92% Of The World’s Population Lives In Places With Unsafe Levels Of Air Pollution

Posted: Sep 28 2016, 11:05am CDT | by , in Latest Science News


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92% of the World’s Population Lives in Places with Unsafe Levels of Air Pollution
This WHO heat map shows the highest (red) and lowest (green) levels of air pollution worldwide. Credit: Image courtesy of World Health Organization
  • WHO Presents Air Pollution Model of the World with 92 Percent Unsafe Zones

WHO presented the latest model of the world indicating the air pollution across the world and estimating that the 92 percent of the affected population live in the most unsafe polluted regions.

In a recent collaboration with the University of Bath, World Health Organization (WHO) has presented a model indicating the air pollution across the world.

The model has been developed through data obtained from satellite measurements, air transport models and ground station monitors for more than 3000 locations, both rural and urban.

The model indicated where the air pollution was at higher levels and found that almost 92% of the world's population lives in places where air quality levels exceed WHO limits.

The model was representative of both outdoor and indoor pollution. The model estimated that around 3 million people die every year because of air pollution. In 2012, an estimated 6.5 million deaths (11.6% of all global deaths) were associated with indoor and outdoor air pollution together.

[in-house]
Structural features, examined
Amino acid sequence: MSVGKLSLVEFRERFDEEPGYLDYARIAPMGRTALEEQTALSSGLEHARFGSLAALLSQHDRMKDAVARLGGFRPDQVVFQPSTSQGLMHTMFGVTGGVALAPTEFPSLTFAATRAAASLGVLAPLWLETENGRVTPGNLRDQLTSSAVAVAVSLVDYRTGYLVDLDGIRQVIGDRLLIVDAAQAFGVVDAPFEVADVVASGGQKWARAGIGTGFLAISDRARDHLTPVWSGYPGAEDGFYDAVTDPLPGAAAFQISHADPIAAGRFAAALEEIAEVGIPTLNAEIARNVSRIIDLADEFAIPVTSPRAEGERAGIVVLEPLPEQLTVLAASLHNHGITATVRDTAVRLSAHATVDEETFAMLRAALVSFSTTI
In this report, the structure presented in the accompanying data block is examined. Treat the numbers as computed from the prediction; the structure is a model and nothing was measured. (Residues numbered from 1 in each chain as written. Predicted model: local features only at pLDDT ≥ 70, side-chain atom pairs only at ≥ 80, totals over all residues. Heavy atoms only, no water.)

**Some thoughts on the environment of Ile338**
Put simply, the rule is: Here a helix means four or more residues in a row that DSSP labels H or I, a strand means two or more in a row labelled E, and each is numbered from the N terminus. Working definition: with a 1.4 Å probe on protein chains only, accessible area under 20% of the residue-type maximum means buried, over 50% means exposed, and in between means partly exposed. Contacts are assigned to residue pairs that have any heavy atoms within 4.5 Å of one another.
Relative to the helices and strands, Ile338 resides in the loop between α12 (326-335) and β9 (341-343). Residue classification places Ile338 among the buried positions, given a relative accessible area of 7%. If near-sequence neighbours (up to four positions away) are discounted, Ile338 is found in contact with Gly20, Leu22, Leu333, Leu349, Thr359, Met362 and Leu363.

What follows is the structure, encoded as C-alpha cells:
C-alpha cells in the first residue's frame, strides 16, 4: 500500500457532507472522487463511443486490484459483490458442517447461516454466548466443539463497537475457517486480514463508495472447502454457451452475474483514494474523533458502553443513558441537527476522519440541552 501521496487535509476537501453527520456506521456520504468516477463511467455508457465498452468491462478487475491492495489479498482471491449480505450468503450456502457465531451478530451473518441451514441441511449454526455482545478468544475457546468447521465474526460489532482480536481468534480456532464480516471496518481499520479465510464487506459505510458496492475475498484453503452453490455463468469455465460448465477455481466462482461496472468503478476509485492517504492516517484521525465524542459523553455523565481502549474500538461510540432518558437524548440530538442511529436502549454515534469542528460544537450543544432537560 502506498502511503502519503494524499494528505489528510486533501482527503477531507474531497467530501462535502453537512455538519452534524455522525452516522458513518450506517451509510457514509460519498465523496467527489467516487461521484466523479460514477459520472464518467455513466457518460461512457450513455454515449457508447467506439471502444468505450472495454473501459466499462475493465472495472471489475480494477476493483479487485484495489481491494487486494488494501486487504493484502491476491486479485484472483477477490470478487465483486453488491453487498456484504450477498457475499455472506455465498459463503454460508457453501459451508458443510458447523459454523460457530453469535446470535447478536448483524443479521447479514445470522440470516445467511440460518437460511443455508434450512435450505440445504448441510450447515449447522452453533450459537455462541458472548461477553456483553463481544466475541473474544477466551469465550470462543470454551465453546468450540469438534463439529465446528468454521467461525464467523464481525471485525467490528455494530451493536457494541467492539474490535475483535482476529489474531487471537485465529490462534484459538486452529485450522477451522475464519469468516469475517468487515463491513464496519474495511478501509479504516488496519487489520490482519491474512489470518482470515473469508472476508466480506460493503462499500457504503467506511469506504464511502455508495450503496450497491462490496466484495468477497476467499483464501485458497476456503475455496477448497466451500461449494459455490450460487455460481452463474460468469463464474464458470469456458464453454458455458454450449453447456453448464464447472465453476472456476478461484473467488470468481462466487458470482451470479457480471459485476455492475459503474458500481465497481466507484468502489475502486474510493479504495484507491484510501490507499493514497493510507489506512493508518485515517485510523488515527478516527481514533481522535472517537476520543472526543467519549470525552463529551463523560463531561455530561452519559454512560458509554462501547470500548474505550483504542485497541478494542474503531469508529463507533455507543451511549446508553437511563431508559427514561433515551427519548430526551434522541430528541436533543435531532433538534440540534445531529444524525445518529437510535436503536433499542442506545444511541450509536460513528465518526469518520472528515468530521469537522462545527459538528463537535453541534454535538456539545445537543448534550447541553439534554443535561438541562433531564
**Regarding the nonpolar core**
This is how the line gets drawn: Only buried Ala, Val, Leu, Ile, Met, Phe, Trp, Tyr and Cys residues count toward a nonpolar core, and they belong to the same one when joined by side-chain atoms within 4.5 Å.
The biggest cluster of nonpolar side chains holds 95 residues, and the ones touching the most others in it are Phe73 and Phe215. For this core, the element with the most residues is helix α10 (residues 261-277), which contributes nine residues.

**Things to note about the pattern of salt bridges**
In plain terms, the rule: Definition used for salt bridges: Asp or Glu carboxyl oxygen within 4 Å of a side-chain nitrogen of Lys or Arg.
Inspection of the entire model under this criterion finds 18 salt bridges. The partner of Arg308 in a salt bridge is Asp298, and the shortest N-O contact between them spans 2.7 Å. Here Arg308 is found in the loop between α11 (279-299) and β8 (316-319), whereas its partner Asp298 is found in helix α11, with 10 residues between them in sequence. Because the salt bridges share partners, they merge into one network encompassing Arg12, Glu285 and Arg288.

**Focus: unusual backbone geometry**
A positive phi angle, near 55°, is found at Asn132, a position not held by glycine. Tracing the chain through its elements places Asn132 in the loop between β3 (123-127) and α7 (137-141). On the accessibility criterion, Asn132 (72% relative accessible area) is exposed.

One of the other findings revealed that almost 90% of air-pollution-related deaths occur in low- and middle-income countries. Nearly 2 out of 3 deaths occur in WHO's South-East Asia and Western Pacific regions.

Dr Flavia Bustero, Assistant Director General at WHO commented that air pollution affects the most vulnerable parts of the population, children, women and older people. He said that everyone deserved to breathe their first and last breath in clean air.

The high levels of pollution in the high risk areas was attributed to public transport, ineffective fuel usage, industrial pollution etc. They also noted that some of the air pollution could also be attributed to natural phenomenon such as sandstorms especially places near deserts.

Dr. Bustero said that the WHO model provides a baseline for monitoring progress in combatting air pollution.

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<a href="/latest_stories/all/all/20" rel="author">Sumayah Aamir</a>
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